So remember how I had that idea that I could finish all the tank internals this weekend? Let’s all laugh out loud in unison…OK, it’s not that bad, but I did fail to consider how things were complicated by the flop tube in this tank. That means that I’m not just repeating work I already did once, and even better, there are some not-very-well-documented steps to be done.
I started the day by working on the fuel sender plates. This of course was something I’d done before, so it went pretty quick. Rather than go through the whole trial-and-error fitting of the outboard plate to ensure it had sufficient clearance from the stiffeners, I used the trimmed plate from the left tank as a template to go ahead and trim the right outboard plate. That wasn’t quite enough though, as on the first test-fit, the aft corner didn’t have sufficient clearance from the stiffener. No worry though…pull it off, remove some more material with the Dremel and cutting bit, deburr, test again…much better.
With the plate done and set aside, I moved on to working on the inboard rib in general. First I clecoed the access plate reinforcement ring in place and drilled/deburred all the nutplate rivet holes. Then it was time to deal with the reinforcement and attach angle on the nose of the rib.
This is where things start to get interesting; while the standard fuel pickup in the left tank went through the access plate, the flop tube goes in through that whole stack of material at the nose of the rib. So three pieces have to be drilled to 9/16” in assembly. But I don’t have a 9/16” bit, which meant I’d be using the unibit, which doesn’t have deep enough steps to cut the whole assembly. Thus, I had to drill each piece separately.
First, I laid out my hole location on the attach angle, trying to roughly center it between three of the rivet holes:
Then I center punched and drilled a small #40 pilot hole:
Now the whole assembly gets clecoed together and the pilot hole is enlarged to 1/4”, through all the pieces:
This is where things get fun. Making the hole in the rib and reinforcement plate was easy, but the attach angle is too thick to cut in one go with the unibit, so I had to enlarge the hole from one side, then flip the pieces and do the same from the other side as well. Between that and the bit chattering a little, the surface inside that hole was kind of ugly:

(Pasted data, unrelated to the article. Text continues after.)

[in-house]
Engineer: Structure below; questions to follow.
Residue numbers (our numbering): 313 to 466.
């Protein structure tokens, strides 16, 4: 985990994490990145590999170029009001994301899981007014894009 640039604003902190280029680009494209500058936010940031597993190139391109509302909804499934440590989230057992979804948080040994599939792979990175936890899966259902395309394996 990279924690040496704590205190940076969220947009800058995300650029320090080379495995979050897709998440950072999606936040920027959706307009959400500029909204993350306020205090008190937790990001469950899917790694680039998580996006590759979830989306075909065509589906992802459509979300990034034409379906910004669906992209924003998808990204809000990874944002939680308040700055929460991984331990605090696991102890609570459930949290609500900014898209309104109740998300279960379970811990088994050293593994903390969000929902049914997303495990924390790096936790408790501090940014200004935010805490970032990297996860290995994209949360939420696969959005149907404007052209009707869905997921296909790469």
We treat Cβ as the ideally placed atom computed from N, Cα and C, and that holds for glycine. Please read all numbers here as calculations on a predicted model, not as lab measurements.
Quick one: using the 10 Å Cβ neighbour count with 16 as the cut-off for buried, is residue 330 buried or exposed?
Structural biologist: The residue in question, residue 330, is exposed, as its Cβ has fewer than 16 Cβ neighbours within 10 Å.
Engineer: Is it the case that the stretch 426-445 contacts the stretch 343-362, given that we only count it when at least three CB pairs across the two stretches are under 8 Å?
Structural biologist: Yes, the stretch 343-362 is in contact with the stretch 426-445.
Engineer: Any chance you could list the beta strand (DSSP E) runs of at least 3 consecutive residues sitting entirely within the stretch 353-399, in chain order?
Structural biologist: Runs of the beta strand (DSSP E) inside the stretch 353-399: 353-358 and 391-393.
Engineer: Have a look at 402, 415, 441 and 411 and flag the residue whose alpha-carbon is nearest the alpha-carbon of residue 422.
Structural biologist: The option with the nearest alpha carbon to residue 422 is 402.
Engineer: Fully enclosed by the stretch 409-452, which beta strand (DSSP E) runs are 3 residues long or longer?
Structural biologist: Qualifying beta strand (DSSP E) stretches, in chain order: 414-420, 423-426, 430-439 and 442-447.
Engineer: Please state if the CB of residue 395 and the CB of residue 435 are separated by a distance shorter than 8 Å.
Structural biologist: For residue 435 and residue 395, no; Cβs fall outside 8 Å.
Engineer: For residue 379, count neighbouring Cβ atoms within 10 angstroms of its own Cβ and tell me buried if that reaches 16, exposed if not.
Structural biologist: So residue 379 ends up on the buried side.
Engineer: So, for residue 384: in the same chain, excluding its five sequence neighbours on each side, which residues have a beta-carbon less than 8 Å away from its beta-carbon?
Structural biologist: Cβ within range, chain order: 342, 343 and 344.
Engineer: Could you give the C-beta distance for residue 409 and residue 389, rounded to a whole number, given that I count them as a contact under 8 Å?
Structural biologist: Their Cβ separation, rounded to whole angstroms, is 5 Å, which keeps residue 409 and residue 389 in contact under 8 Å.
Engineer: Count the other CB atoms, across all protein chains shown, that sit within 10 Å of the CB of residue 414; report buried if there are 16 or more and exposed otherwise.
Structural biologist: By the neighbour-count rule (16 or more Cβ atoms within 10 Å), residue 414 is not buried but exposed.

But how to smooth it? It was just slightly too small for one of the Dremel sanding drums to go in there. Finally, I came up with a field-expedient solution, a sort of ghetto flap wheel. I cut a strip of emery cloth, taped it to a 7/16” drill bit, and it fit nicely into the hole:
A little time with that cleaned up the hole nicely. Finally, I got everything clecoed together again and put the fitting and flop tube in place:
This led to some other questions in my mind, though. The norma fuel pickup has an anti-rotation bracket, which serves a dual purpose of preventing the pickup from threading off the bulkhead fitting and also preventing the bulkhead fitting itself from rotating and moving the fuel pickup off the bottom. The plans call for safety-wiring the flop tube to the bulkhead fitting, but there’s nothing to prevent the fitting itself from rotating in its hole. Granted, it’ll be torqued in place and hooped up with sealant, so maybe I’m overthinking it, but I figure I’ll run it by the VAF gang just to be sure.
With that done, I moved on to one of the tank modifications to go with the flop tube. The plans call for a little trapdoor to cover a hole in the first internal inboard rib; these holes allow fuel to flow between bays in the tanks, which works fine for level flight, but fancy stuff might cause fuel to move outboard, unporting the flop tube. So the trapdoor acts as a check valve to prevent this from happening.
This is a part made from scratch, but it’s pretty simple: a square of 0.020” sheet, plus a little section of piano hinge. The end of the hinge is cut at an angle to provide a stop for the trapdoor itself. This was pretty straightforward stuff, though it did require me to make some executive decisions. For example, the plans show where to put rivets between the door and the hinge half, but don’t specify what type of rivets. But since the idea is for the trapdoor to sit flush agains the rib, it seemed that flush rivets were the order of the day. So I drilled #40 rivet holes, dimpled the door, countersunk the hinge, and put it together with 426-3 rivets.
Here’s the completed trapdoor assembly, from the backside:
And sitting roughly in place on the rib:
I didn’t drill/rivet the thing to the rib yet because, as the photo shows, the top hinge half goes across that stiffening channel, but there’s not enough material to put a rivet in the top right corner. I can put two rivets in the other part of the hinge half, but the plans call for three.So I’m not really sure what to do here…yet another question for the VAF brain trust, I guess. I suppose I could possibly cut another strip of 0.020 sheet and make a sort of bridge piece.